Newsletters for MDs

Your Mouth as Contributor to Systemic Disease

Oral infections such as dental caries and periodontal disease are the most common chronic diseases in the world. The health of the oral tissues is a good indicator of the health of the individual. Often systemic or hormonal disorders first show themselves in the oral cavity. but recently epidemiological studies are showing evidence that there is probably an effect on several systemic diseases by these chronic oral infections.

As early as the seventh century B.C. the effect of oral health on the rest of the body, was proposed by the Assyrians. Again in the 18th Century Dr. Rush suggested that arthritis could be relieved in certain people by the removal of infected teeth. This led to the concept of ‘focal infection’, a belief that a small local infection could be the causative agent in systemic disease, and elimination of the infection would cure the disease. This theory resulted in many people having their teeth removed, with little to no systemic effect noted.

In 1989 an investigation, in Finland, associated dental infections with acute cerebral and myocardial infarctions. In these times of heightened cardiac awareness there are well known risk factors (smoking, weight, exercise, cholesterol levels etc.) which relate to increased incidences of stroke and heart attack. If dental disease, particularly periodontal disease, as suggested by this study can significantly increase the chances of heart attack or stroke, then it is one of the easiest risk factors to control.

There are two general areas in which dental disease affects one systemically. First, tooth loss, through loss of chewing efficiency, is related to dietary changes which lead to increased risk of systemic disease. In addition the bacteria and bacterial byproducts may have a direct action in raising risk factors for several diseases.

Coronary Artery Disease occurs when the walls of the heart blood vessels thicken due to a build up of fatty proteins. Often blood clots form in these narrowed vessels resulting in angina or myocardial infarction. The byproducts of the bacteria found in oral disease, as well as the bacteria themselves, are associated with both the formation of the plaque on the vessel walls and blood clot formation.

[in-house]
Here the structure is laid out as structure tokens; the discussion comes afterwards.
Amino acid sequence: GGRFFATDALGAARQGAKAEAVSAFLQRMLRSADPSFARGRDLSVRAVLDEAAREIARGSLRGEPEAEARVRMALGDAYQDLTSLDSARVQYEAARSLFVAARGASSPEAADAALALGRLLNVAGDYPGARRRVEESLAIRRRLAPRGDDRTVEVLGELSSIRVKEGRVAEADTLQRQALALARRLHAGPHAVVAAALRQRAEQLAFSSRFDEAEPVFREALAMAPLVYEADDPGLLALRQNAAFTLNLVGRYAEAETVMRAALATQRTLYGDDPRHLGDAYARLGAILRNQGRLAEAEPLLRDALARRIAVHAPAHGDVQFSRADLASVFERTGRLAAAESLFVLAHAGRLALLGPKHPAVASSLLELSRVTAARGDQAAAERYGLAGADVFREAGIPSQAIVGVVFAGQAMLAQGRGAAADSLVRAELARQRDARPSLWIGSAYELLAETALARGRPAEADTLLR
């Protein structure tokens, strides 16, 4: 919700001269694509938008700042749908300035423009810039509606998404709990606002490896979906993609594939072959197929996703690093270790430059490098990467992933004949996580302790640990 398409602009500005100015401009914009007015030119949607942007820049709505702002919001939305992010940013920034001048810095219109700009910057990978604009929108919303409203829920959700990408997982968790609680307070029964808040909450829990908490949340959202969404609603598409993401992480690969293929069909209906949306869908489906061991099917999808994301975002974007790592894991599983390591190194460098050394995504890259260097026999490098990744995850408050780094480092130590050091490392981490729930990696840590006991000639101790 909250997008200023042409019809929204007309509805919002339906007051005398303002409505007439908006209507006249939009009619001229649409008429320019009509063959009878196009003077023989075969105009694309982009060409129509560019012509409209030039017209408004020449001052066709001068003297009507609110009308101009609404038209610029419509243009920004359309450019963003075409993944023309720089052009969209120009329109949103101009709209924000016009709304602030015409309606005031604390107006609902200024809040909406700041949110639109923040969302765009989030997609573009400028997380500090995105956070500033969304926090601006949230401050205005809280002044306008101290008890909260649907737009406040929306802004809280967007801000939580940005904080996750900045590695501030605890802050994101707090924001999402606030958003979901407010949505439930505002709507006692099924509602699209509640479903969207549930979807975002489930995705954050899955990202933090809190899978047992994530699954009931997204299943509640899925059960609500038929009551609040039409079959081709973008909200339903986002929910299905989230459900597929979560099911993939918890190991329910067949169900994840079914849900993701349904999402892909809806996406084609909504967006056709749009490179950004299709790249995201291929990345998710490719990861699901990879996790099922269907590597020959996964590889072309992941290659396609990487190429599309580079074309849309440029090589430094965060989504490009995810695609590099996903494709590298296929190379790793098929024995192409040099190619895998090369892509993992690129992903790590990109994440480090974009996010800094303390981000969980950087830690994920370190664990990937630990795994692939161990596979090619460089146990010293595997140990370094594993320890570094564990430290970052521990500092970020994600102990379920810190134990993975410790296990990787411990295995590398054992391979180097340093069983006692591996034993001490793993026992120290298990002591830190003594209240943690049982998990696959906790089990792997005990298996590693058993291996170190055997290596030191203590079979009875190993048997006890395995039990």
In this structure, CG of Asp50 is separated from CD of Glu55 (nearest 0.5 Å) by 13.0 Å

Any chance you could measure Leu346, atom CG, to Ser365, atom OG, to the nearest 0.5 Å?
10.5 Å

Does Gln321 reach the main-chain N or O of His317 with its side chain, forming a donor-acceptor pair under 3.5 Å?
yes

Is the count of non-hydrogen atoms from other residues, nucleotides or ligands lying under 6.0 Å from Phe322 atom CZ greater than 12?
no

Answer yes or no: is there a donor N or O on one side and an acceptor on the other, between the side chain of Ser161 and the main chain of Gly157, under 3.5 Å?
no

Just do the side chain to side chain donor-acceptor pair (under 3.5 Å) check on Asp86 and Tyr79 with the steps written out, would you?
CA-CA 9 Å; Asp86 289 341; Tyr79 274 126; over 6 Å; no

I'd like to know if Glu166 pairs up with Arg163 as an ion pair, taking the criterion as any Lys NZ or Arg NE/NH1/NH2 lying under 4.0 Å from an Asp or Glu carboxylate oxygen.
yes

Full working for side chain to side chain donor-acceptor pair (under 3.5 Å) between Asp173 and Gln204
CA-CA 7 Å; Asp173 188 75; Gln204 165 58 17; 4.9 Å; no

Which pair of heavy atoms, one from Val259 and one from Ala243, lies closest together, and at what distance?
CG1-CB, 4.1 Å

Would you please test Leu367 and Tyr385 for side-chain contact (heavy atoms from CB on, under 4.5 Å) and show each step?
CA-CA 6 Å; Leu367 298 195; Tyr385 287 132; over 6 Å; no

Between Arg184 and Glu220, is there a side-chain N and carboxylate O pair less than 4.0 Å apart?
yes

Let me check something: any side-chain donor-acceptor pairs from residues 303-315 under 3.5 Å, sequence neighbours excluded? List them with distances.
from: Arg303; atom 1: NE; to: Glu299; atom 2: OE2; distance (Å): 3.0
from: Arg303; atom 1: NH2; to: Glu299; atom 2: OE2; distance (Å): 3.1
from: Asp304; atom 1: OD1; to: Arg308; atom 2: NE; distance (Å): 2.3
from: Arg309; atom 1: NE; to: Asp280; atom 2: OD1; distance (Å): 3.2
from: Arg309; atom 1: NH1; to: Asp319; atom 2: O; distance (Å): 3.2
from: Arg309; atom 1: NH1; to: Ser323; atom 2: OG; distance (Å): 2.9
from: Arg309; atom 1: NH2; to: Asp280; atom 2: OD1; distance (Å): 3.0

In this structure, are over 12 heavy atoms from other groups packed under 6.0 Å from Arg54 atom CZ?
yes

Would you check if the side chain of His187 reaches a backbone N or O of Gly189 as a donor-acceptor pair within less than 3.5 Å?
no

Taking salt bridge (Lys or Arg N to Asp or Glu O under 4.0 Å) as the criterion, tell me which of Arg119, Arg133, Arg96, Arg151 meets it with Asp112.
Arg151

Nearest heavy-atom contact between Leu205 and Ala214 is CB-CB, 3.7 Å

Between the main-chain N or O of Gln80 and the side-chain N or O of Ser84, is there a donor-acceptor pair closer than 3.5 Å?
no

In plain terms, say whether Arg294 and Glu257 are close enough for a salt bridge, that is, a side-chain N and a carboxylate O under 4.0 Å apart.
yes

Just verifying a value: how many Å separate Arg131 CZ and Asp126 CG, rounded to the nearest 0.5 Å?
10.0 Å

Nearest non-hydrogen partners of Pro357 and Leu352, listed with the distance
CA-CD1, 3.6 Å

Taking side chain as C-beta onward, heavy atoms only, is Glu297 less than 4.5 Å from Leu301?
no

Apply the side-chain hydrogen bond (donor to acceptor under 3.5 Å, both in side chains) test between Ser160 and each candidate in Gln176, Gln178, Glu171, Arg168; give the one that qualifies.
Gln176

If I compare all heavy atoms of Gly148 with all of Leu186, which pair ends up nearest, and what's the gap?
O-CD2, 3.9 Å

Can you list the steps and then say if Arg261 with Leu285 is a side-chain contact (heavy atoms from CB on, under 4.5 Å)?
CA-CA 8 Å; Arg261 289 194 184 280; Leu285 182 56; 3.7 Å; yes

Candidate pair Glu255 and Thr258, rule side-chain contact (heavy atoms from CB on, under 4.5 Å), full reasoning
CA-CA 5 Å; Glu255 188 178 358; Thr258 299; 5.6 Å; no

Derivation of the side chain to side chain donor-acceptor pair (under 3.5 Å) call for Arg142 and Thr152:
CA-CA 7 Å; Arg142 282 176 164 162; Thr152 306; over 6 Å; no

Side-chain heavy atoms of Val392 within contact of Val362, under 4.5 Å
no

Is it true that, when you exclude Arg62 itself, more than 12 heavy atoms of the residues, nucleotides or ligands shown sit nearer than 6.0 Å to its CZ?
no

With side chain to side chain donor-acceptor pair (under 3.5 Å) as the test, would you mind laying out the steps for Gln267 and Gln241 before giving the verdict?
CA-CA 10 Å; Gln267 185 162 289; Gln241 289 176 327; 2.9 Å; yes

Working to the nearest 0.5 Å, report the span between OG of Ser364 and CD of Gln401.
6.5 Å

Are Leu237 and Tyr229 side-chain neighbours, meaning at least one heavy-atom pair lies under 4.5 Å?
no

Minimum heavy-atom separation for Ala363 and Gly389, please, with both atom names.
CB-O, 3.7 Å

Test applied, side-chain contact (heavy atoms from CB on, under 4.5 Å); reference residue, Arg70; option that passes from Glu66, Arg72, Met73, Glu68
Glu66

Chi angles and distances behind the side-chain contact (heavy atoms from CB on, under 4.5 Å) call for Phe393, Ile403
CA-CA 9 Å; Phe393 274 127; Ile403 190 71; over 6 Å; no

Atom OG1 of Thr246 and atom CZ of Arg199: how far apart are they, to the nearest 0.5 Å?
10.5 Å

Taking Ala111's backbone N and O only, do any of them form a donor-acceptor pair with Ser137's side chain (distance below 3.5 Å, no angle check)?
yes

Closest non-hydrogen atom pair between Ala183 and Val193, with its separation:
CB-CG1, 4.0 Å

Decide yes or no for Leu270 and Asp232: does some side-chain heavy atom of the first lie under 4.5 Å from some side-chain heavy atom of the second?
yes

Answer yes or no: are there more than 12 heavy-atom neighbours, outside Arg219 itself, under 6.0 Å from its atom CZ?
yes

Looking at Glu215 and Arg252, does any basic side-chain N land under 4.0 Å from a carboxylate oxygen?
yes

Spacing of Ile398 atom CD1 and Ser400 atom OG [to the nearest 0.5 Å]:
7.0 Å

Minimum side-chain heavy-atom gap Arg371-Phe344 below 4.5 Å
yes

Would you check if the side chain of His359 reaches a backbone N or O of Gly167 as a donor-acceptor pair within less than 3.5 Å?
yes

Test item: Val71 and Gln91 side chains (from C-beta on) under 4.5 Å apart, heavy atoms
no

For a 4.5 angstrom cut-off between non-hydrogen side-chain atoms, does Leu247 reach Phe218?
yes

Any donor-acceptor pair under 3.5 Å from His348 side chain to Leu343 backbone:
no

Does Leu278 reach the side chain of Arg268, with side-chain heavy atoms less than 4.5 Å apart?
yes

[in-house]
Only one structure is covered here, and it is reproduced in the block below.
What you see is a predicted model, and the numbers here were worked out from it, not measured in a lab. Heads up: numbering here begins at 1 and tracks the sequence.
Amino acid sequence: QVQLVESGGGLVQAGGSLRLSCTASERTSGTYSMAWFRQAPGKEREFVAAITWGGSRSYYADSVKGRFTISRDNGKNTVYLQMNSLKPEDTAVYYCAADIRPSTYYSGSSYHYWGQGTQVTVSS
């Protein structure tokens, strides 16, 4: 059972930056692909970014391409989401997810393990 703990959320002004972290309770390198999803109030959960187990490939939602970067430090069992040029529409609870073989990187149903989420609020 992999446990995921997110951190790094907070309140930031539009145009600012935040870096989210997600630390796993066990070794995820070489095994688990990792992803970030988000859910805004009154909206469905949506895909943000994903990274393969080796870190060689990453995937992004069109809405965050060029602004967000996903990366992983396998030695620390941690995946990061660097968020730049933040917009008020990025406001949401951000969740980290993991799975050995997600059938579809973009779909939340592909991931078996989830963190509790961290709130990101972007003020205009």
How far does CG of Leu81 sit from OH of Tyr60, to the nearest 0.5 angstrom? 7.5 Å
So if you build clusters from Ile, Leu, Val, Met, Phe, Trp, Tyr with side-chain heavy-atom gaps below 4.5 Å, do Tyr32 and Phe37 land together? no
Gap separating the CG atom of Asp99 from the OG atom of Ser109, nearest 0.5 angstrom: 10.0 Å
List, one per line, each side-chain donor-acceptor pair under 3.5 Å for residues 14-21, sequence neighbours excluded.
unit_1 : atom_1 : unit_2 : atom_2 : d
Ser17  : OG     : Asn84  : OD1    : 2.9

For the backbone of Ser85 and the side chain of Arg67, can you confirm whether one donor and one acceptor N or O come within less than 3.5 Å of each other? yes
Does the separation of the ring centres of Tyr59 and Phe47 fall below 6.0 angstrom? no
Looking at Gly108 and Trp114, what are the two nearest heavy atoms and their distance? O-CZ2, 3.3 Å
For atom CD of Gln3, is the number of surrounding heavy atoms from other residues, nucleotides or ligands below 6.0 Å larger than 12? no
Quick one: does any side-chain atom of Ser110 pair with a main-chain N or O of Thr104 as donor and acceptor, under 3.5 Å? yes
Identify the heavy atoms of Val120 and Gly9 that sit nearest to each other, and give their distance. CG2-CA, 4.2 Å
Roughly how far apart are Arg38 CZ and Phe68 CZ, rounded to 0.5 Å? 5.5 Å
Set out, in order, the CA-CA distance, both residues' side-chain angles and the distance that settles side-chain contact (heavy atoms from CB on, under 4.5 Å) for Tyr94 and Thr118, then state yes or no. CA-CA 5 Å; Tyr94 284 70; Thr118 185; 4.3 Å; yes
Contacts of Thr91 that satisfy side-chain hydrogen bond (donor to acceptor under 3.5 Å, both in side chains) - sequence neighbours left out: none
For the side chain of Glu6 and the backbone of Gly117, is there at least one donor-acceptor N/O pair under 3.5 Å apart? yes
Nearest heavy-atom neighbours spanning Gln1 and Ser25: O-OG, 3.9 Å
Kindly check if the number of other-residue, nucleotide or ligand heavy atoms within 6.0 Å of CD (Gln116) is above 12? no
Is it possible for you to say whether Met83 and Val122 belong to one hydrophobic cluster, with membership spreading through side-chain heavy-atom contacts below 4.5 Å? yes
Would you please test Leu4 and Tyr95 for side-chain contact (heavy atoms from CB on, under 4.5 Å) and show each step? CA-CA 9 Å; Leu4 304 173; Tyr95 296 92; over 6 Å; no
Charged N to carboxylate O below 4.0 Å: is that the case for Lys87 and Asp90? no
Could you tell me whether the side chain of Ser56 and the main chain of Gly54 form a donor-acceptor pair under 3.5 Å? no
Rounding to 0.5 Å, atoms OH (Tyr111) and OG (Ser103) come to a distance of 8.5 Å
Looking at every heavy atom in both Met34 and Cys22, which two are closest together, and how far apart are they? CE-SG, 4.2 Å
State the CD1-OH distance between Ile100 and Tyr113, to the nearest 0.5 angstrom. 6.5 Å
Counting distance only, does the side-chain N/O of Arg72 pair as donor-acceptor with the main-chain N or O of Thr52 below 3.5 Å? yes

It may be that the inflammatory response characteristic of periodontal disease, marked by high levels of inflammatory mediators, exacerbates the process of atherogenesis (arterial plaque formation). Another mechanism involves oral bacteria (S. sanguis and P. gingivalis) which induce the aggregation of platelets and thereby may be involved in the clot formation often related to infarction. Combined with other risk factors such as age, smoking, diabetes, hypertension, and elevated blood cholesterol, it seems quite likely that oral disease is a significant factor in coronary artery disease.

In a new study tooth loss has been associated with an increased risk of systemic disease, including cardiovascular disease, cancer, and diabetes. This is due to changes in diet with less fiber and carotene, fewer vegetables, and increased saturated fat and cholesterol being consumed. People with less than 25 teeth were shown to have a 13% change in the proportions of these foods eaten.

The risk factors for stroke are similar to those for coronary artery disease. Therefore reduction of dental disease and maintenance of one’s chewing potential would seem to be an important part of risk reduction for stroke as well as cardiac disease. Research is ongoing to see if antibiotic therapy will have an effect on the risk of either of these diseases.

Bacterial endocarditis is characterized by inflammation of the interior lining of the heart and the heart valves, generally caused by bacterial infection. Injury to the gum tissues can allow bacteria to enter the blood stream. Accumulation of these bacteria on the heart valves can lead to this serious life threatening disease. Prosthetic devices (joints etc.) may also be colonized in this manner. Antibiotic therapy is indicated preventatively for these disorders.

Other diseases that may be affected by dental bacteria: Diabetes, Respiratory Disease, Low Birth Weight Preterm Infants, as well as behavioral and psychological changes due to perception of self. For now, watch your diet, exercise, practice good oral hygiene, and get regular checkups.

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